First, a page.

China's Crisis of Success

Bill Overholt and I recently had a discussion about the points he makes in his new book, China's Crisis of Success. Here are five key points, each corresponding to a section below.

Bill Overholt's The Rise of China: How Economic Reform Is Creating a New Superpower, published in 1993, was called 'nonsense' and 'too optimistic.' How did that work out for the reviewers? 

Now, almost three decades after The Rise of China, Bill believes that China's future has become 'much more uncertain.' And, he addresses his concerns in a new book, China's Crisis of Success.

Bill outlined some the key points from his book recently in an interview with me. And, I have conveyed these below. As you will see, I have let Bill speak for himself. 

Bill was right in 1993. 

1. Fear and simplicity.

A 'sense of terrible crisis [was] a prerequisite for an Asian economic take off,' Bill says. 

  • Fear. Following the events that befell Asian countries - such as, the Korean War and the Chinese civil war - each nation faced the real possibility that it might not recover. This made leaders more willing to take great risks and their peoples more willing to accept them.
  • Simplicity. 'These countries' economies, when they're getting started, are basically agriculture, infrastructure, and some very primitive manufacturing.' This makes the plan simple: 'stimulate growth, build infrastructure, and open and marketize the economy.'

2. Simplicity to complexity - and new crisis. 

With success comes more complex economies, politics, and societies. 'And, then you gradually get to a point of complexity, where there is an economic and political crisis of some kind.' Time for a transformation.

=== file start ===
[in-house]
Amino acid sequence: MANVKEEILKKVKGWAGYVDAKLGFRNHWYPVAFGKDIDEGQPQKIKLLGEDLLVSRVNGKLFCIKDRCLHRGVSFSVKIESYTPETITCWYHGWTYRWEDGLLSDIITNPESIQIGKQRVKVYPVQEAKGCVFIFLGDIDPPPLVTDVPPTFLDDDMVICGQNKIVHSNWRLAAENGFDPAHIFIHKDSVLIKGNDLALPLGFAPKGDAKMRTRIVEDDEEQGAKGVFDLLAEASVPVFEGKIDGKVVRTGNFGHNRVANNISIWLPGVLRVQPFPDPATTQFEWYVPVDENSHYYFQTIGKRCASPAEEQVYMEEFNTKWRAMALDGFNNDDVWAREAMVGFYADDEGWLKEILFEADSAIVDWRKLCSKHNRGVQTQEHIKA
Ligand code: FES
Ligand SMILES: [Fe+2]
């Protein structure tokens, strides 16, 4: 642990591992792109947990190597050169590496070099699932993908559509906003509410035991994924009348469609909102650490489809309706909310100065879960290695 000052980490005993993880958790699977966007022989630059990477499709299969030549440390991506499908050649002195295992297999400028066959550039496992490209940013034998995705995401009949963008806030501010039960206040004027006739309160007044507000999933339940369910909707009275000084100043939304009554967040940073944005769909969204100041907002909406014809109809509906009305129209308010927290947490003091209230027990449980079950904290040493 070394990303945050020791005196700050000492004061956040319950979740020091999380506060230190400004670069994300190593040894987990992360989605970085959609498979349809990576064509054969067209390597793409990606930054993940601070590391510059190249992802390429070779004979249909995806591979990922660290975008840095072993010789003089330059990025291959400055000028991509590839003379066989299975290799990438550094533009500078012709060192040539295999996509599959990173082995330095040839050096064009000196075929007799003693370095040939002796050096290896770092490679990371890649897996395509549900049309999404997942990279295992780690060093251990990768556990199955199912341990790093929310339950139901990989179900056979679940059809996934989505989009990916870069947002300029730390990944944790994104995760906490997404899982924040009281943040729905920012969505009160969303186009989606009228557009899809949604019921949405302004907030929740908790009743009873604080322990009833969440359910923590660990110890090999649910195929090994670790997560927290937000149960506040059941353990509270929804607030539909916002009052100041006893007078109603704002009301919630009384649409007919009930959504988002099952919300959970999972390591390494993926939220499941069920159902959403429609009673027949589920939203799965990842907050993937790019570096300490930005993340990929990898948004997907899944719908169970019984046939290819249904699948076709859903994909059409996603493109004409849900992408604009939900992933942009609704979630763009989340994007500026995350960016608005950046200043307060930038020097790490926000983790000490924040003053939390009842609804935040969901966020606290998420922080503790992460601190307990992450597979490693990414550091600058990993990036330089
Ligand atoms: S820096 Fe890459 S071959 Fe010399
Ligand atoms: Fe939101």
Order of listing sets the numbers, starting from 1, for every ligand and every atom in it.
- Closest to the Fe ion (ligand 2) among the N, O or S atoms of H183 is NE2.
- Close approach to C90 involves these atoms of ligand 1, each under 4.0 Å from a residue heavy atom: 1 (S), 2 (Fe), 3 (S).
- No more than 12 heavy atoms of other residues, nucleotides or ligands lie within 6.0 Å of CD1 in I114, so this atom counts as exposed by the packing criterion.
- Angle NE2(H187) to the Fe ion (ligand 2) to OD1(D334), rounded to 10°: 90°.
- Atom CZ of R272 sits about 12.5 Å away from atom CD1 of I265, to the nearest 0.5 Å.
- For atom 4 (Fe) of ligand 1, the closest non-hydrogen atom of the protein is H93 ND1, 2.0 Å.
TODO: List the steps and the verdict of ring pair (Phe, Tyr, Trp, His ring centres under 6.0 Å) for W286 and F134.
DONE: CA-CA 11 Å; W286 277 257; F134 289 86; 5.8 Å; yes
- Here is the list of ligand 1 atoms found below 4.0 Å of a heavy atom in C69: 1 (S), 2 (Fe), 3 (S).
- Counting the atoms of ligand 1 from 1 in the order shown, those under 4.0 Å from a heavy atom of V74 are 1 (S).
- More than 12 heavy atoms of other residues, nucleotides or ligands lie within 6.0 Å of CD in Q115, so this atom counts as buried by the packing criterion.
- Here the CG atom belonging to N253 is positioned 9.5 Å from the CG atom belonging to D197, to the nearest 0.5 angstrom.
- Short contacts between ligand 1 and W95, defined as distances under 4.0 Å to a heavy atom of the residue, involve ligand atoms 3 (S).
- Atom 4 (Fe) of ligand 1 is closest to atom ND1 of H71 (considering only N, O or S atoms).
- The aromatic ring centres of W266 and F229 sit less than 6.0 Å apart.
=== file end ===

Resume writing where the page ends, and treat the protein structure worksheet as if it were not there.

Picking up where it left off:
• China's leaders realized this and reached consensus about the need for reform during Hu Jintao's 'lost decade,' 2002 to 2012.
  • The guide for reform: China 2030, jointly prepared by the World Bank and China and adopted by the Third Plenum in 2013.

3. Slower reform, bigger debt. 

The decision for leadership: quick reform and lower GDP, or slow reform, maintaining higher GDP but accumulating debt in support of inefficient industries.

  • China chose slower reform, higher GDP, and increasing debt.

4. China's leadership

China's leadership wanted Xi to centralize power. We often hear criticism that Xi Jinping is power hungry. But, in fact, Xi's centralizing of power was part of the consensus leadership plan, what they saw as the only way to push reforms through. 

5. But,

'Xi Jinping may have gone well beyond what the consensus originally intended, and the politicization of the reform may not be exactly what some of the designers of the reform intended.' 

You will find each of Bill's points developed below. Let me know what you think.

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